Today on Art of the Cut, we’re speaking with Elisabet Ronnaldsdótir, ACE, about editing Bullet Train with her long-time directorial collaborator, David Leitch.
Elísabet started her editing career in her native Iceland more than 20 years ago. She’s spoken with me on Art of the Cut about Mile 22 and Atomic Blonde and Shang-Chi and the Legend of the 10 Rings. She also edited The Deep, John Wick, Deadpool 2, and Kate, among others. With credentials like that, it’s so easy to categorize her as the queen of the action film, but I think our discussion today will show that she’s so much more than that.
Art of The Cut with Elsabet Ronaldsdttir Editor of Bullet Train
You and David Leitch have worked together multiple times. You're a very talented editor and you give him great editing, but what else gets you asked back? What makes a director want to work with you again?
RONALDSDÓTTIR: It's probably my hair. I don't know. It's difficult to say.
I do think you have to have likability, but you still have to push. That's what filmmaking is all about. If I walk into a room and no one is going to push me, it's like having nothing to hold on to. Filmmaking is a collaborative art so as a director, you have to be willing to be pushed as well.
David is so willing to experiment and have fun with the material. I do consider him and his wife Kelly family and I love working with them because they're so passionate about their projects.
That's great. I agree with pushing the director at some point and also allowing him to push you.
RONALDSDÓTTIR: You don't have to go where you're pushed, but you might have to consider it. It's a big part of our jobs to push, but in your work, you have to be extremely critical. You are constantly asking questions, like, why is this happening now? Why doesn't this happen after? When you watch the movie, you have to know what you love and what really works but you also have to watch it with critical eyes. I sometimes watch them backward without the sound and at different speeds. I always run all my reels at double speed, just to see.
Joe Walker said that he watches things black and white and flipped.
RONALDSDÓTTIR: Exactly. It's the same thing. It can also be very helpful to watch it in different settings. What's it in the cinema? What's it on your computer? What's it on the TV at home? It always helps every new scenario you watch it in and will give you a new perspective.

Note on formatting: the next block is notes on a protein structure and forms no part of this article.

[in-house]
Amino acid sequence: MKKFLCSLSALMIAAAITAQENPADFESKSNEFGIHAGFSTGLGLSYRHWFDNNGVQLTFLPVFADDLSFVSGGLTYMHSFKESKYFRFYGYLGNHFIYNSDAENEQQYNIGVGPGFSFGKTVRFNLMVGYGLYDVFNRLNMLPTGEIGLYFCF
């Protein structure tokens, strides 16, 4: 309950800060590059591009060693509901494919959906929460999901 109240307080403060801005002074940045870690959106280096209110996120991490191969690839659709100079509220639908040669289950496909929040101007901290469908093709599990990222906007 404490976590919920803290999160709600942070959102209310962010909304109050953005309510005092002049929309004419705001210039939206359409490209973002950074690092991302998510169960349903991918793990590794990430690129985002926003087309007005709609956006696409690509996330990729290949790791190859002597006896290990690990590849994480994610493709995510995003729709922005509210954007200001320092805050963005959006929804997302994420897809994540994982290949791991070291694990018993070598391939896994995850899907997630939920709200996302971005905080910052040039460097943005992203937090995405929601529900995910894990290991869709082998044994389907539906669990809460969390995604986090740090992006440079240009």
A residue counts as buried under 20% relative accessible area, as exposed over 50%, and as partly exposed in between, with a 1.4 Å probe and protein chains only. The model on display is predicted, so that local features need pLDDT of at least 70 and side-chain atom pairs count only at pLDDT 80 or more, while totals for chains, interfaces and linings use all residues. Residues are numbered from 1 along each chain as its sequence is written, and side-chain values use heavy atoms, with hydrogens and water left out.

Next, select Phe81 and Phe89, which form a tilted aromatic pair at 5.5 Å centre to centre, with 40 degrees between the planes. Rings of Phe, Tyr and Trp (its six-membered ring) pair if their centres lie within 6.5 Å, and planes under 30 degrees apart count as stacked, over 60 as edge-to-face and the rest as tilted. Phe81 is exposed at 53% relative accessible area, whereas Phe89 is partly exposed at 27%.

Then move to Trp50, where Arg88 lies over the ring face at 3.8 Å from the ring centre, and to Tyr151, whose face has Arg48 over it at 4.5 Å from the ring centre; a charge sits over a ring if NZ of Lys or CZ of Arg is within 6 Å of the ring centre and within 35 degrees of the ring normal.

You were talking about this idea of looking at the film critically and pushing your director. There is a montage that I loved, but I wanted to know whether there was a discussion of cutting out the Fiji water bottle montage.
RONALDSDÓTTIR: Oh no, you can't cut it out.
What's the discussion that you have with David about keeping it or cutting it out?
RONALDSDÓTTIR: For David and me, it's just such an important part of the movie and it's what the movie is about. I think the studio asked about if we could cut it out, but neither I nor David nor Kelly were ever serious about taking it out.
In the beginning, a pair of assassins are debating whether they killed 16 people or 17 people, and it's got a real tone to it. Can you talk about constructing that montage and supporting the tone of what it's there for?
RONALDSDÓTTIR: That was great fun. David is very particular about tone. We just wanted to have it snappy and fast. It's just flashbacks to them bickering about how many bad guys went down.
I would guess that montage could have been much longer, but as you said, it has to be snappy. You can't divert the story arc for too long.
RONALDSDÓTTIR: This lovely idea that David had with Dominic Lewis, the music composer, was about using blowing bubbles like it's their theme throughout the movie. So that also helped set the tone.
Can you talk a little bit about keeping the length of that section down? I'm sure you could have made it 20 minutes long if you'd wanted to.
RONALDSDÓTTIR: Oh yeah, in the beginning, it was much, much longer. We're in an action movie and we want to bring in some action early on. This was a good way to do it, but this has nothing to do with the movie. It has to do with building characters but it's not a part of the story of the movie. It's Lemon and Tangerine's backstory. David talked a lot about keeping Lemon and Tangerine snappy with as little air as possible between their sentences.
I felt that “no air in between their sentences” thing. How much of that was editorial, and how much of it was following their delivery?
RONALDSDÓTTIR: It's a mixture of both. We wanted to stay as wide as possible. We usually have medium wides and we don't go much into the closeups, but it was all about building that character of the twins and making them as brief as possible.
There's a flashback to a character called The White Death and his origin story. You're cutting back and forth from one of the twins narrating the story. So what is the value of cutting back and forth between what's happening on the train and The White Death flashback?
RONALDSDÓTTIR: That was just to keep the storytelling going so we wouldn't disappear into another world. But this is a flashback that is repeated later in the movie from a different perspective. There was a lot of material and where to go and what to do, but it's all very well thought out by David and Jonathan Sela and the crew that shot this. It was all set up beautifully.
The question is always, how much information are you going to give up at this moment? But going back into the trainer stuff was absolutely to keep the characters in the story. I think it's a good balance, and the same goes for the Wolf, how he gets his whole life in a flashback. There were scenes we actually took out before just so we wouldn't foreshadow the Wolf before he arrived on the train. There was a huge structural change in the beginning because as the book is written and as the script was written, and as it was shot, it was chapters. You were introduced to each character by chapter. So they never really met until after every single character had been introduced for several reasons. One is time, it took a bit longer and when I started experimenting with having them bump into each other, we agreed that the notion of fate was so much stronger.